Sub-Saharan Africa which includes Zimbabwe is said to be one of the areas with most women who entered marriage unions before attaining 18 years.
The UNFPA report said if current levels of child marriages continued to persist for the next 20 years, the number of girls married under 18 in sub-Sahara Africa will jump from 13,1 million in 2010 to 13,7 million in 2015, then to 14 million in 2020, 14,5 million in 2025 and 15 million in 2030.
“Despite national laws and international agreements, child marriage remains a real and present threat to the human rights, lives and health of children, especially girls, in more than a hundred countries. One in nine girls in middle-income countries will marry before the age of 18. One in nine girls will marry before their 15th birthday. In the least developed countries the prevalence of child marriage is even higher — nearly one in two,” the UNFPA report added.
The report said education of girls; especially at secondary school level was imperative because research suggested that girls with secondary schooling were up to six times less likely to marry while they were children, compared to girls with little education.
“From a cultural standpoint, being in school can support the perception that girls are still children and hence not marriageable. Schooling helps a girl develop social networks and acquire skills and information, all of which contribute to her ability to communicate, negotiate for her best interests and participate in decisions that affect her life,” the UNFPA said.
They said girls needed life skills training, provision of safe spaces to discuss their future, information about their options, development of support networks, so that they were equipped with knowledge and skills in areas relevant to their lives including sexual reproductive health, nutrition, and their rights under the law.
Girl child vulnerable to sexual abuse
Recently, the National Prosecuting Authority public prosecutor Sharon Fero gave statistics of the vulnerability of the girl child to sexual abuse.
Fero said 2013 figures of the months July to September only that were collected through the victim friendly system reflected that on average five children per day were subjected to sexual abuse and 91% of these cases were perpetrated on the girl child.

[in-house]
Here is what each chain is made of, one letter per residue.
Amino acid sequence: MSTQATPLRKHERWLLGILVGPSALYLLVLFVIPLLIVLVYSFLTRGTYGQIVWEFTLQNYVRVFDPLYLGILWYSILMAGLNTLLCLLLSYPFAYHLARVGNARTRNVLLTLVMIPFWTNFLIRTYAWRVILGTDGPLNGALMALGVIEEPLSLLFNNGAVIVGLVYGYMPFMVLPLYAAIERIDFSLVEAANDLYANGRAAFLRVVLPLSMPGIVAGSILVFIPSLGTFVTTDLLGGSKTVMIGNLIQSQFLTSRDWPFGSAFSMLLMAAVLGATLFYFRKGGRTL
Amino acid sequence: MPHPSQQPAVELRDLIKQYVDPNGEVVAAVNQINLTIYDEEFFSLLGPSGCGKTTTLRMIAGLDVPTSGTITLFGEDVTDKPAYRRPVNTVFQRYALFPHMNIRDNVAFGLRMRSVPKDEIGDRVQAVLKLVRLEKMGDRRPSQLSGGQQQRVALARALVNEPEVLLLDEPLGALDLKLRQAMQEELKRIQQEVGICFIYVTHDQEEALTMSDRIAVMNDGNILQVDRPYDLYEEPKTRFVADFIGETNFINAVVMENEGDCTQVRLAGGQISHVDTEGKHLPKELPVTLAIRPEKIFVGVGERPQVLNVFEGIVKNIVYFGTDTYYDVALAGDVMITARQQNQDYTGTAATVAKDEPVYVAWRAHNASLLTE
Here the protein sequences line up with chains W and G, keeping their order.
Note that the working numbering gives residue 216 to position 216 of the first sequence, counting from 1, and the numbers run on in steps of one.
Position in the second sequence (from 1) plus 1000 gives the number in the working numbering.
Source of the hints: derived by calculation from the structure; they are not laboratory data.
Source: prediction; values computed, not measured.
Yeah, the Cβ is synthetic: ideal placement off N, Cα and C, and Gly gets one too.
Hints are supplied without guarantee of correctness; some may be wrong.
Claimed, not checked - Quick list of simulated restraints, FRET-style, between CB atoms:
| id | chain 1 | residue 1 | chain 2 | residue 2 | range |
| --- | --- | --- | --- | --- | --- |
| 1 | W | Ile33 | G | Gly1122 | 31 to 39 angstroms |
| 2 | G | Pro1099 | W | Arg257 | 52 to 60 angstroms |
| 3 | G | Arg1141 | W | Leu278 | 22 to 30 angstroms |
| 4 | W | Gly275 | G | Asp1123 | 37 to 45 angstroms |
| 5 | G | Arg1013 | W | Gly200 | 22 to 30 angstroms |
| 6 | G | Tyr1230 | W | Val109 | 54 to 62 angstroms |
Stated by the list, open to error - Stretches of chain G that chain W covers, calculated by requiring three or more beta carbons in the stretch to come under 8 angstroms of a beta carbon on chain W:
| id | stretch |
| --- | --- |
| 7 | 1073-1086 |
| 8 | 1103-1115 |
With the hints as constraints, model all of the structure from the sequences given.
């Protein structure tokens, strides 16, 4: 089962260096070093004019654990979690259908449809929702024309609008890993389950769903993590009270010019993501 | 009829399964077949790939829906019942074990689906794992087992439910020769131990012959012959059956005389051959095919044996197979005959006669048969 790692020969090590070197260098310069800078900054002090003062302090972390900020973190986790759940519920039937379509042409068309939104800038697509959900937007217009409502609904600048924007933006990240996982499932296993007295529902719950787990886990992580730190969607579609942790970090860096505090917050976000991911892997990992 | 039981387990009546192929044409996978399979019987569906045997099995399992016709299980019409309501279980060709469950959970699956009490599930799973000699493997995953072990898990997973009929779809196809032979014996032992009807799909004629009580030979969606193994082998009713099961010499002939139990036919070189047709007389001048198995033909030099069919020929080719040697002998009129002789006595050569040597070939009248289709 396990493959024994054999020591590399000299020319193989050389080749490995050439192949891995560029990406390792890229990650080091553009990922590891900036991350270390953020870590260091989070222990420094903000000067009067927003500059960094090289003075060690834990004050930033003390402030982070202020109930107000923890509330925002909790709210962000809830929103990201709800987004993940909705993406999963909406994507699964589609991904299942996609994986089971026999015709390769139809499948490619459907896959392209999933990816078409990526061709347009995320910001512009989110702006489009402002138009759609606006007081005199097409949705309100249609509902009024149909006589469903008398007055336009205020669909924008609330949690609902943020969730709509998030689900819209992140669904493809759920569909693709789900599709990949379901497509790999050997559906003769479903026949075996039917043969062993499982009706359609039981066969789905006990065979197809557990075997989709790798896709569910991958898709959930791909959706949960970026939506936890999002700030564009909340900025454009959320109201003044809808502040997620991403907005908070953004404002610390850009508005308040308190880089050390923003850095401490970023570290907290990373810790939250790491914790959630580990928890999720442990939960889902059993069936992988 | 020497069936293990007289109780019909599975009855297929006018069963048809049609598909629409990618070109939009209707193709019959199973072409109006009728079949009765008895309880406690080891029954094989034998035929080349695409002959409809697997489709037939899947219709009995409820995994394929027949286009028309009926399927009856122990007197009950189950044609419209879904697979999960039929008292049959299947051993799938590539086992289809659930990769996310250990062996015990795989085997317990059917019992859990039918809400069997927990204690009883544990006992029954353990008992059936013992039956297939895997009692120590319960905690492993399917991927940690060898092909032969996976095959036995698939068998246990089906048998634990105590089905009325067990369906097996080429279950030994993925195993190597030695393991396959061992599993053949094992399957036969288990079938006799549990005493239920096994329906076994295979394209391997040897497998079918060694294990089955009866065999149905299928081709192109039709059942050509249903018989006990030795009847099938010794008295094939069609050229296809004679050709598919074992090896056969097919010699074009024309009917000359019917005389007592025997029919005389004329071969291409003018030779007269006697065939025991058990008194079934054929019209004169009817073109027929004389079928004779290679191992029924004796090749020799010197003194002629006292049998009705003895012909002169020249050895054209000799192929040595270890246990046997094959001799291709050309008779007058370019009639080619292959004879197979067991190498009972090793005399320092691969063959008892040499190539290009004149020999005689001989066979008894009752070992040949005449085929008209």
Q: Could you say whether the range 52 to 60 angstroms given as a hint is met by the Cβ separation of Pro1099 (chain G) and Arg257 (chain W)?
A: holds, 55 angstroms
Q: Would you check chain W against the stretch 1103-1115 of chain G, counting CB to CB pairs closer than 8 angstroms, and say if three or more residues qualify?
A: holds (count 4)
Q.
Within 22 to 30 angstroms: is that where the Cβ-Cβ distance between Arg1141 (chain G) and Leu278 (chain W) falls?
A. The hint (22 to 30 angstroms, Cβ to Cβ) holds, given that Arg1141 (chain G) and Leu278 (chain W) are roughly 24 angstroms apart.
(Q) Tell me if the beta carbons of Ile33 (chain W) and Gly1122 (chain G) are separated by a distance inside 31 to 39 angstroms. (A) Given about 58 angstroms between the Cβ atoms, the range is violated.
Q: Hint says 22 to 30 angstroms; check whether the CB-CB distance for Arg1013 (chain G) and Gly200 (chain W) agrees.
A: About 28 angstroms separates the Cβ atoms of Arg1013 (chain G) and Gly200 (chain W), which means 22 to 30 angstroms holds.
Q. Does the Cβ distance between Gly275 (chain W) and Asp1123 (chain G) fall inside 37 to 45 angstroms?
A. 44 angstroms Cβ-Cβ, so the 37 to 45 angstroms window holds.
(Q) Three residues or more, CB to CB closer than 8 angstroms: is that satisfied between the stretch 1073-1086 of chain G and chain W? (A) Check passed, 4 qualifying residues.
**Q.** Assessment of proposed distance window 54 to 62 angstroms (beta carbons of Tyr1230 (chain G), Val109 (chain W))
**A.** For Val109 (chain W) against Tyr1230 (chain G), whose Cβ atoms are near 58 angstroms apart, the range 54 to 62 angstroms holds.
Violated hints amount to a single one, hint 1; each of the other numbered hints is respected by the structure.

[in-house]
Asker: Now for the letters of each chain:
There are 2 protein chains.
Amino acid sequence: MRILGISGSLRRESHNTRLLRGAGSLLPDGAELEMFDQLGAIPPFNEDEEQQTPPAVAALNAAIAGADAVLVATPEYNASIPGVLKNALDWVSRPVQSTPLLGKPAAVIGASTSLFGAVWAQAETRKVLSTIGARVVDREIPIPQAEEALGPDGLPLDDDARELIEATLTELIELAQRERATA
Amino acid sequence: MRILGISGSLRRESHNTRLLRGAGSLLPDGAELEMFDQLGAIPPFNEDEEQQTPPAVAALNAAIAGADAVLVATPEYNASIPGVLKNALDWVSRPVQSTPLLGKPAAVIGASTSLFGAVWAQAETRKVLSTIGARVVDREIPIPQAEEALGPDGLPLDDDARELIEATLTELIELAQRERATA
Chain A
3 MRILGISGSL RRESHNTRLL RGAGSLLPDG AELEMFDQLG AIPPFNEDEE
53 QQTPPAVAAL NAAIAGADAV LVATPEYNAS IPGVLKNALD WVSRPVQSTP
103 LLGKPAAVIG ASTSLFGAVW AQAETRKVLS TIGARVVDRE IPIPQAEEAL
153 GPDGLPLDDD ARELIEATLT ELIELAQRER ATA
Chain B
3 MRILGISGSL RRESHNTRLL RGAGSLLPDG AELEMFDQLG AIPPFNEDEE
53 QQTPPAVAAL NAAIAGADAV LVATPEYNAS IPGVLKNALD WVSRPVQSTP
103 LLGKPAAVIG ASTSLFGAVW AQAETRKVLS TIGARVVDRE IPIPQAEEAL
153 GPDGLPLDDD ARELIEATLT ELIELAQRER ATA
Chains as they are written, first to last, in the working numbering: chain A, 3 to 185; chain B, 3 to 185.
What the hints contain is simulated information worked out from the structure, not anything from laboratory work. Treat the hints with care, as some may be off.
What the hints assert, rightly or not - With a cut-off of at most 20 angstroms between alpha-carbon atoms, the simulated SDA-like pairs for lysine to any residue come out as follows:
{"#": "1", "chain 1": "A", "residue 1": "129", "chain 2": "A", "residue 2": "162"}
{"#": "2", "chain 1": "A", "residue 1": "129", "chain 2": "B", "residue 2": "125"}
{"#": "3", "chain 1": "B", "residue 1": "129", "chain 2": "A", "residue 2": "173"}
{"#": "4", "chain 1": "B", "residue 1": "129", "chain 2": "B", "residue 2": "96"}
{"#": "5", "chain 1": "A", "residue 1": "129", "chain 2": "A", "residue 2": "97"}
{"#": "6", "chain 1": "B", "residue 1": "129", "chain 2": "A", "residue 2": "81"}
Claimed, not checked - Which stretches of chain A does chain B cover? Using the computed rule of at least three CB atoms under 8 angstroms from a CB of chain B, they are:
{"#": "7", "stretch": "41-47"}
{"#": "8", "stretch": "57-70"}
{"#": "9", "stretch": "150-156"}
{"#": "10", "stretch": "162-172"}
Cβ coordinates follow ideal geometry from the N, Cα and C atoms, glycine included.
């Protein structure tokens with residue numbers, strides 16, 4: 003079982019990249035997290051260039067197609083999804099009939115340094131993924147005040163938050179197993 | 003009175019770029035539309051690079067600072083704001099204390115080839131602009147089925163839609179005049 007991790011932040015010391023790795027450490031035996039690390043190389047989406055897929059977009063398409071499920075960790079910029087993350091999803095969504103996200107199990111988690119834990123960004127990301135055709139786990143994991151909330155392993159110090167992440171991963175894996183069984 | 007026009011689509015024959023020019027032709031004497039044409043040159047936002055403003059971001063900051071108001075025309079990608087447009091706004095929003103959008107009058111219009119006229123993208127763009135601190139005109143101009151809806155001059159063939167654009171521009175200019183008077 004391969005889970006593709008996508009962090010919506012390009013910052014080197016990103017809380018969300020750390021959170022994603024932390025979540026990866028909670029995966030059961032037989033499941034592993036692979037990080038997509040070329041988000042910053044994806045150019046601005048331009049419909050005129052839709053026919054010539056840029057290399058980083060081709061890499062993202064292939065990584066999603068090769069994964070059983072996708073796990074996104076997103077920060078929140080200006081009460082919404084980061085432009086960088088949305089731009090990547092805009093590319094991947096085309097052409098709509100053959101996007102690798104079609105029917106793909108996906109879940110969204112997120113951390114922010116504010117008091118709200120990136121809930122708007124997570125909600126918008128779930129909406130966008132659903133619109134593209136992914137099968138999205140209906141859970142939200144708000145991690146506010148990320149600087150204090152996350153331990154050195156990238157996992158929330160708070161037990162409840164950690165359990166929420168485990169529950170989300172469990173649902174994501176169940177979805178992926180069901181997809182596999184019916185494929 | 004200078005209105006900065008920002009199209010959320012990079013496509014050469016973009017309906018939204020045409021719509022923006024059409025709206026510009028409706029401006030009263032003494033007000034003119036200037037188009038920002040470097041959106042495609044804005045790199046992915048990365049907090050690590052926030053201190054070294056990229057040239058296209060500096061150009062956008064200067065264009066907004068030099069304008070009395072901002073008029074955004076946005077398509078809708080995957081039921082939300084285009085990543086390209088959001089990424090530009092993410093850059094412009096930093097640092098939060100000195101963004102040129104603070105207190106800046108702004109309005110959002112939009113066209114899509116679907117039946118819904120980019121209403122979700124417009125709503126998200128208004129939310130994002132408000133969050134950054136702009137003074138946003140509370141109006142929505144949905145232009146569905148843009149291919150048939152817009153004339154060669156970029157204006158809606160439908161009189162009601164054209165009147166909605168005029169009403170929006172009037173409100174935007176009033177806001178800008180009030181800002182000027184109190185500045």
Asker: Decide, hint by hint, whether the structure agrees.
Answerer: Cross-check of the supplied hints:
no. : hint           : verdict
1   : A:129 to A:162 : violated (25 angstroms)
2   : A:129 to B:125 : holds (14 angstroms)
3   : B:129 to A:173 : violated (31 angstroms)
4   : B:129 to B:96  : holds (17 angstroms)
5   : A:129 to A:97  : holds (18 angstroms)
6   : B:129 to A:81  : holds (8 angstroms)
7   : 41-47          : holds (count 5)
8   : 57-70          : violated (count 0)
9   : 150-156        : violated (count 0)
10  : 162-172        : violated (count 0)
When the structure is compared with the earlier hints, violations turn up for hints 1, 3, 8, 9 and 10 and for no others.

“The offences were mostly perpetrated on girls between the ages of five to 16 years and the perpetrators of rape are men who are usually familiar with the victims, and the victims are usually afraid to report the perpetrators who they are familiar with,” Fero said.
United States ambassador Bruce Wharton on his Twitter chat on child marriage in Zimbabwe last week wrote: “Can a child really be married or be a bride at 13? No, it’s rape.”
Other discussants in the Twitter chat said child marriage was dangerous in that the girls involved ended up in violent marriages, experiencing birth complications, and also that it was one of the causes of high maternal and child mortality rates.
The UNFPA report also estimated that by 2020 some 142 million girls will be married by their 18th birthday if current trends continued.
“This translates into 14,2 million girls married each year or
37 000 girls married each day. Child marriage jeopardises girls’ rights and stands in the way of girls’ education, health and productive lives. It also excludes girls from fundamental decisions, such as the timing of marriage and choice of spouse.
Girls living in rural areas of the developing world are twice as likely to be married before the age of 18 as their urban counterparts, and girls with no education are over three times more likely to do so than those with secondary or higher education.
On the effects of early child marriages, Mutandwa said in Zimbabwe it severely prejudiced girl children in terms of education and exposed them to serious health problems, such as being prone to sexually transmitted diseases at a very early ages.
“When they get pregnant, these child brides often experience problems with delivery — and some even die during delivery. Child marriages often do not last because they are forced marriages. The child consents because they are forced to do so by their parents, but later they discover they did not love the person whom they are married to and the marriage ends up an abusive relationship prone to divorce, or a polygamous marriage,” Mutandwa said.
A Zimbabwean who was recently appointed African Union Goodwill Ambassador for Ending Child Marriage Nyaradzayi Gumbonzvanda said it was critical to focus on prevention activities, protection of girls as well as provision of shelter to those who were already victims of child marriage, especially in conflict zones.
Gumbonzvanda is a trained human rights lawyer with extensive experience in conflict resolution and mediation, as well as an active member of the women’s movement, sexual and reproductive health.
In one of her blog posts on early child marriages, Gumbonzvanda wrote: “Africa is rising to reclaim its conscience and dignity by leading a campaign against child marriages. It is not only an economic justice case; it is about rights, dignity and being.”